Trinity alley

Trinity Lutheran Church, 222 Sixth Ave. SW, has requested the city vacate a dead end public alley to make way for a potential reconstruction project.

A public alley splitting Trinity Lutheran Church properties has also divided the Rochester Planning and Zoning Commission.

The commission decided not to make a recommendation to the Rochester City Council after casting a 4-4 vote on a request to turn the 18-foot-wide alley over to the church, at 222 Sixth Ave SW.

“If we’re anticipating a further development would take place, there is some level of public interest in keeping that alleyway,” commission member Brittany Wilson said in seeking to deny the church’s request.

In the written request, church leaders indicate they are considering a future reconstruction project.

Commission member Kraig Durst supported turning the alley over to the church to allow the church to grow. “They’ve maintained it over the years, and Public Works hasn’t done anything to it,” he said.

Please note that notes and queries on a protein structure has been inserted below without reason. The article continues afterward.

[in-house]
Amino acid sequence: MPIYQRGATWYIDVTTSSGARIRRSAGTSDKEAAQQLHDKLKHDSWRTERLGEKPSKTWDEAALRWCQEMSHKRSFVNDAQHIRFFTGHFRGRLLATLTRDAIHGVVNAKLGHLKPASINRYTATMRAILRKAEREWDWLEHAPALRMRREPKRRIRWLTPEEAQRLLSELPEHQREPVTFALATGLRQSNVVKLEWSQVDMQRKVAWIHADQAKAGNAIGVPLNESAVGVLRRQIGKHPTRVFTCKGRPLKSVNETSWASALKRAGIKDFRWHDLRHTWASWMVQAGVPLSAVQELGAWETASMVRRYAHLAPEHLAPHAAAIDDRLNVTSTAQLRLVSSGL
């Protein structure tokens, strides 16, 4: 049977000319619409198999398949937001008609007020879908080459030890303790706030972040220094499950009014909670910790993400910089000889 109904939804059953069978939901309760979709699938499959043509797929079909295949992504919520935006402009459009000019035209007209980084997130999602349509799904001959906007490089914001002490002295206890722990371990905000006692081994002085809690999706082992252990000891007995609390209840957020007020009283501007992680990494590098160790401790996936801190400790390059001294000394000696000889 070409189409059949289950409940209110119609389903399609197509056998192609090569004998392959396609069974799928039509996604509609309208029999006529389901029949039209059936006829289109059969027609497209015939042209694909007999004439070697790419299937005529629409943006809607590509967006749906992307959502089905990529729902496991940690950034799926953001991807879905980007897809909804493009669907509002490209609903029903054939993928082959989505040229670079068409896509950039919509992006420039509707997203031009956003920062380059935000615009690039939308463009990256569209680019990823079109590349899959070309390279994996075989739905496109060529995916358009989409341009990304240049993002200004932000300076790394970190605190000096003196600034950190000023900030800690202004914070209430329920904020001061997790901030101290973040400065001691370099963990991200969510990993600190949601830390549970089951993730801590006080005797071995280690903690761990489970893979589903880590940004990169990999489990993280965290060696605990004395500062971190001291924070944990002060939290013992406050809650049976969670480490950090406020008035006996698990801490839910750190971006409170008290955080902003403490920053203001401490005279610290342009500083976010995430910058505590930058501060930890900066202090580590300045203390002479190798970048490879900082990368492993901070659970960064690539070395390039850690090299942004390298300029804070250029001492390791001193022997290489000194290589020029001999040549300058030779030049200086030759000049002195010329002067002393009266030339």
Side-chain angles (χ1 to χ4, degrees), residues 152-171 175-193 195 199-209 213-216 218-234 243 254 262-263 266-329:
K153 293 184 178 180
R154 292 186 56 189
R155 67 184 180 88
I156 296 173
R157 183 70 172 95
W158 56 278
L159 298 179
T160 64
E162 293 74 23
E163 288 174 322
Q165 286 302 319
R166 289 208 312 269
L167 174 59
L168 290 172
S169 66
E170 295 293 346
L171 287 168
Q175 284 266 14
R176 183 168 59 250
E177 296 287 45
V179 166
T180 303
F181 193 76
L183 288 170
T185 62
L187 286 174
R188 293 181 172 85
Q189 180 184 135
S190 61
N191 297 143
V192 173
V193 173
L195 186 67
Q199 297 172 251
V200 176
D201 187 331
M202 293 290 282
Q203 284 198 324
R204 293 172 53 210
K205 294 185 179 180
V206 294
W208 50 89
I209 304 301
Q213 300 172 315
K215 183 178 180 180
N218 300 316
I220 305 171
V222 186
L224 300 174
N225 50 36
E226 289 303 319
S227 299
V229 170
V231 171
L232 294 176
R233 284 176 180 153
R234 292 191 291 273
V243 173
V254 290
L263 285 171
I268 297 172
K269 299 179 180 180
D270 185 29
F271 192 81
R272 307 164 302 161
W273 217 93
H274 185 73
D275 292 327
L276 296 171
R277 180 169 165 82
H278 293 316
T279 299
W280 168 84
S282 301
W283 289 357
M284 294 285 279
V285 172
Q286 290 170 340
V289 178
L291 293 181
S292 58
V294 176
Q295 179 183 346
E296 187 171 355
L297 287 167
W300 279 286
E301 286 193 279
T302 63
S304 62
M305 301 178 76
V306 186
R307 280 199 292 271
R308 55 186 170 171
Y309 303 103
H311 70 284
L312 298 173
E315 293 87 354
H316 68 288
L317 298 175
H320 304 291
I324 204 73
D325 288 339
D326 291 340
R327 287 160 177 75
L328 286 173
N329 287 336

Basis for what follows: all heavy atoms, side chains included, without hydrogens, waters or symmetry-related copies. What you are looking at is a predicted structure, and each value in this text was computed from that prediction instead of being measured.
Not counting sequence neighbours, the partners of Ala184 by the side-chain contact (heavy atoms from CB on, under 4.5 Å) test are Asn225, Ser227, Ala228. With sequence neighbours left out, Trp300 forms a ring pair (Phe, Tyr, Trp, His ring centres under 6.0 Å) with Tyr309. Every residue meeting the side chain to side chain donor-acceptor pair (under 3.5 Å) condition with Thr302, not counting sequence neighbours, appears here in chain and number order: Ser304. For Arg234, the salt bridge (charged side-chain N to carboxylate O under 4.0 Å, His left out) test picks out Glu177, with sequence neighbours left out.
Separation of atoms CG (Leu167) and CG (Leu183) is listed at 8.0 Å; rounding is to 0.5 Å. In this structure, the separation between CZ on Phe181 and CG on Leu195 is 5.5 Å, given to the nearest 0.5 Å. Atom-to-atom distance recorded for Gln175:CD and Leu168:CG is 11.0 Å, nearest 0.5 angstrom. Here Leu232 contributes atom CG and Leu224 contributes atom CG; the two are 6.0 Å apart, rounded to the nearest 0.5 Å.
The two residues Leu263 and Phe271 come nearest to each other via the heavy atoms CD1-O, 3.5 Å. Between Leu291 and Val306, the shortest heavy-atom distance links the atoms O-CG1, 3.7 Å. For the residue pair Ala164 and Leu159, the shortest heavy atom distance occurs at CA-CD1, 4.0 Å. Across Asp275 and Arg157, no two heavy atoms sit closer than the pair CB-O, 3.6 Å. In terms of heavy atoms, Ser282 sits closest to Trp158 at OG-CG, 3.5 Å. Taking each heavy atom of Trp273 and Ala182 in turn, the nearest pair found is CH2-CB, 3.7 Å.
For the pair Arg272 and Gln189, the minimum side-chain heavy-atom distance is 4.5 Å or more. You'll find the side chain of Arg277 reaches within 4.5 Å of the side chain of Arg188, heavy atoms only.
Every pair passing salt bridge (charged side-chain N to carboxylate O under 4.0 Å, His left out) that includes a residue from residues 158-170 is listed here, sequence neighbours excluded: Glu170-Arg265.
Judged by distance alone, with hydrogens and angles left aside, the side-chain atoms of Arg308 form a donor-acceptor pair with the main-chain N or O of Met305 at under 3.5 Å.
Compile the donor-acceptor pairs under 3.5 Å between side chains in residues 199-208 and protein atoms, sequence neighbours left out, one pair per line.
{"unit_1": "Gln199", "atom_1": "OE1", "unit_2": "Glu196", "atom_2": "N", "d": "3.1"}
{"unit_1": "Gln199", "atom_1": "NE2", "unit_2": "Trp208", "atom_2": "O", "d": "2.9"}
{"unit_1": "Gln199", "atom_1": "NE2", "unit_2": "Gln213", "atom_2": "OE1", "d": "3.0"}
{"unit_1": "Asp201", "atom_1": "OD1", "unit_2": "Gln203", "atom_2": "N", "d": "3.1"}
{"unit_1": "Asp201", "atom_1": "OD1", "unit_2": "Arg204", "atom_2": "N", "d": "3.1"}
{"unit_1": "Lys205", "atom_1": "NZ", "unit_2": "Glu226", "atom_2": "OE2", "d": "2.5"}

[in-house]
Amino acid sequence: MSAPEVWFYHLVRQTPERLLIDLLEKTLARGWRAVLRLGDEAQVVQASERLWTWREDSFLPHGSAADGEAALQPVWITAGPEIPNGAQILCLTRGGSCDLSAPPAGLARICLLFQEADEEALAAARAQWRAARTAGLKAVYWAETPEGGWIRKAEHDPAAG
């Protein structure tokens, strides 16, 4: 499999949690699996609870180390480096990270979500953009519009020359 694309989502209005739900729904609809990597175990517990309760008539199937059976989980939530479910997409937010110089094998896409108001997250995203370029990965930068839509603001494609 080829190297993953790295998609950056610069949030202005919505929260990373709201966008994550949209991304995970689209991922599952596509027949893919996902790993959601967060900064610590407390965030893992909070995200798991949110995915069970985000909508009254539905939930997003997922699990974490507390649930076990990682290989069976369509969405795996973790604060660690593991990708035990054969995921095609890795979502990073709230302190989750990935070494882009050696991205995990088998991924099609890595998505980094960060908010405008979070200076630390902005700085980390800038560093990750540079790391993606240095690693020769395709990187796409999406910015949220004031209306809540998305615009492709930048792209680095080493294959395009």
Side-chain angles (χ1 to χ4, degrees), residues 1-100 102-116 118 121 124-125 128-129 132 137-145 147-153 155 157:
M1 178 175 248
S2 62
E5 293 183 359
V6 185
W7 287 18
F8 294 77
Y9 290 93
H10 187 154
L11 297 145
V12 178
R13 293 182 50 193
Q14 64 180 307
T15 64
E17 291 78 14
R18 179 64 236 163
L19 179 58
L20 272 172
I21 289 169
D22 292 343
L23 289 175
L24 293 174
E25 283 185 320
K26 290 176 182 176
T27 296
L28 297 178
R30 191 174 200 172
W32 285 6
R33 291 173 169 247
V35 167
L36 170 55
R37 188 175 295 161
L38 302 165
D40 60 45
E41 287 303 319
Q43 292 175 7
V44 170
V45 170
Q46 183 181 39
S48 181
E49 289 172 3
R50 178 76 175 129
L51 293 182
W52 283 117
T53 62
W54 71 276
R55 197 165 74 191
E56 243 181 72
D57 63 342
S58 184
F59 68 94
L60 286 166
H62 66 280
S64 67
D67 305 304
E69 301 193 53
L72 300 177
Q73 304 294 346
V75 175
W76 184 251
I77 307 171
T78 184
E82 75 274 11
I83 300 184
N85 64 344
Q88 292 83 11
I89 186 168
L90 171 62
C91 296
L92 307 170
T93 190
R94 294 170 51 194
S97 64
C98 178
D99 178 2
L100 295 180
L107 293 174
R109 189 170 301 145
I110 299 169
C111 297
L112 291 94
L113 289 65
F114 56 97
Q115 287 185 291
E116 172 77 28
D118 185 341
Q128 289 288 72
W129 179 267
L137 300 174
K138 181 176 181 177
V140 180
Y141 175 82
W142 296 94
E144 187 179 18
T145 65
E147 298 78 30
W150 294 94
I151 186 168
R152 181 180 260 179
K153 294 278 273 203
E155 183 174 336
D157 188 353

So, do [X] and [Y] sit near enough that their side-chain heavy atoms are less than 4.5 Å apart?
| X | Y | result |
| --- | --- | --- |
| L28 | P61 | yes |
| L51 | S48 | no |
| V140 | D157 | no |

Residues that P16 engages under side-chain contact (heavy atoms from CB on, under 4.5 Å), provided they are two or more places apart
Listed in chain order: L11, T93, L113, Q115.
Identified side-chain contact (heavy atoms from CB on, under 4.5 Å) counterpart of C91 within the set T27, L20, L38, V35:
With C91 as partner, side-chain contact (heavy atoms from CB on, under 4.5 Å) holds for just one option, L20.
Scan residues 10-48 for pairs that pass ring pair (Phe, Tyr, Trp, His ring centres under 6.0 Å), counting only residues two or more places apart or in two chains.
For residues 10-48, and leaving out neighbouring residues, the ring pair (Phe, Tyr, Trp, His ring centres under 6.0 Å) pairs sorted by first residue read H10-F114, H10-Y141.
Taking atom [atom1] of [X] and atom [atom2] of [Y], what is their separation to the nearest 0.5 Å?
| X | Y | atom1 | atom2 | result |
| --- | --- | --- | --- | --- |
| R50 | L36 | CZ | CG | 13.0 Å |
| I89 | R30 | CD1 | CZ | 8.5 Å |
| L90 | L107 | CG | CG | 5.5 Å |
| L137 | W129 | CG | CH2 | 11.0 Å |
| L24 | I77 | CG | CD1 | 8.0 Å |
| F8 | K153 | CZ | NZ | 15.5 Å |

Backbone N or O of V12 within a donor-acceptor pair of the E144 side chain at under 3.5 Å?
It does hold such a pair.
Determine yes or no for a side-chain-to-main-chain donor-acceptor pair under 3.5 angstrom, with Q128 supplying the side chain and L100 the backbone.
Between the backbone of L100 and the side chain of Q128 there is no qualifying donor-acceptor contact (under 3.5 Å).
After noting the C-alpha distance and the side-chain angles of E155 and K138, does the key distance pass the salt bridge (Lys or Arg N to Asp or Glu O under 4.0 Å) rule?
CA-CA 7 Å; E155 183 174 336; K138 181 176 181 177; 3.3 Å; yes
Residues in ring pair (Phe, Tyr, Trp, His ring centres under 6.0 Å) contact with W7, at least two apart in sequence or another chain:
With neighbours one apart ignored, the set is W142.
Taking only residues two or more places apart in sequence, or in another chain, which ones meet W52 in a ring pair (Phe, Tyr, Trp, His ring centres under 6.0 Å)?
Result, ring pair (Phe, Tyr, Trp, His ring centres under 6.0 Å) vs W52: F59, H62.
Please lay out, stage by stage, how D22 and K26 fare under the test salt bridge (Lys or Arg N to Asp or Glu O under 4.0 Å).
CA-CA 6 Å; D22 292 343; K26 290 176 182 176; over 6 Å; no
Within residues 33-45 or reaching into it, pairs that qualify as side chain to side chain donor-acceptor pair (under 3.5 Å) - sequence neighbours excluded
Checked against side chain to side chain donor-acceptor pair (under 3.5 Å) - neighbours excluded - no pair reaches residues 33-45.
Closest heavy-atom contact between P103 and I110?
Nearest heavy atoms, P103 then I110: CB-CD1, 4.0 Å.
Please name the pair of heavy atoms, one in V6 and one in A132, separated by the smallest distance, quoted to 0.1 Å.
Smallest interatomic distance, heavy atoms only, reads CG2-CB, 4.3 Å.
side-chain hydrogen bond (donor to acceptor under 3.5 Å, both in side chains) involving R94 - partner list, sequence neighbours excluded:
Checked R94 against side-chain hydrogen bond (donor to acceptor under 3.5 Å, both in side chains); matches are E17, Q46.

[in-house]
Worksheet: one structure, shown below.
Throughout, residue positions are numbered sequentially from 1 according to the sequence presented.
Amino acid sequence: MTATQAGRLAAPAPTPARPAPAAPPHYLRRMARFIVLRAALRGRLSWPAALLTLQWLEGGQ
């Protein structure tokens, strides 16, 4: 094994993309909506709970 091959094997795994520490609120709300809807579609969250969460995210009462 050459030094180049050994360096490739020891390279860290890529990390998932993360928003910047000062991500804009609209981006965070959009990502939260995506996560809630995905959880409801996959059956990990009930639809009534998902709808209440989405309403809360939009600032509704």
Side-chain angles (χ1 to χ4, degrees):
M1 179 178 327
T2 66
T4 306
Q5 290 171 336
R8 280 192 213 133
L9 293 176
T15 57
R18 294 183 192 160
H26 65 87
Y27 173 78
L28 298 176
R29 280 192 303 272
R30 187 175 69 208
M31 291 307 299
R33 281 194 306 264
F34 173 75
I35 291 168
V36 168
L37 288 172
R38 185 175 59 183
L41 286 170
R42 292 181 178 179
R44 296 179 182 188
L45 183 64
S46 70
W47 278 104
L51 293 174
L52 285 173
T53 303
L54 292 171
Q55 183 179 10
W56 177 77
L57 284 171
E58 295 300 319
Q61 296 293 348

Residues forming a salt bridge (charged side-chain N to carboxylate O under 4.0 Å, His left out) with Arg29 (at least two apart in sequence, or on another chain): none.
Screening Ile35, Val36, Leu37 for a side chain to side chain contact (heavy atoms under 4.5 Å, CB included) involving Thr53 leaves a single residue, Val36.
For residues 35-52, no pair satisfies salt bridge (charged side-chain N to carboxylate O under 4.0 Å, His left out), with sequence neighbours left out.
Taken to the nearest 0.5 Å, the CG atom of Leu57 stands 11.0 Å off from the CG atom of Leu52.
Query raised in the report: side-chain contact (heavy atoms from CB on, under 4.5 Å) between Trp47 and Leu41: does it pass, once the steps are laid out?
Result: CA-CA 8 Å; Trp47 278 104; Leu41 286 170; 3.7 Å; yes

However, some commission members questioned whether more details are needed regarding the church’s plans.

“I think ‘reconstruction project’ is pretty ambiguous, where they could be trying to get this strip of land so they could sell it to a developer who wants to build on this land,” commission member Krystal Gillespie said.

Wilson also noted public access could provide benefits for trash removal or pedestrian access, depending on what type of development occurs.

A former resident in the nearby Rochester Towers condos, she noted a private alley connects the public alley to Fifth Avenue Southwest, creating a path around the Poblo International Ministries building owned by Trinity.

According to the Rev. Joel Haak, Trinity’s pastor of family life, ownership of the private alley is split by the church and Rochester towers, which uses it to access a private parking lot.

Haak said options for the property split by the public alley are still being weighed, but the cost of developing conceptual plans led to determining what could be done with the alley before details are hammered out.

“It would open up different plans based on whether we got that or did not,” the pastor said the day after the Planning and Zoning decision was made.

He said the church’s 1,100-member congregation is growing, but it’s not looking to expand the sanctuary building. However, it is looking at other options for the church’s future.

“All options are on the table for us,” he said.

The fate of the alley is scheduled for consideration by the Rochester City Council on July 8, following a public hearing on the church’s request.

What's your reaction?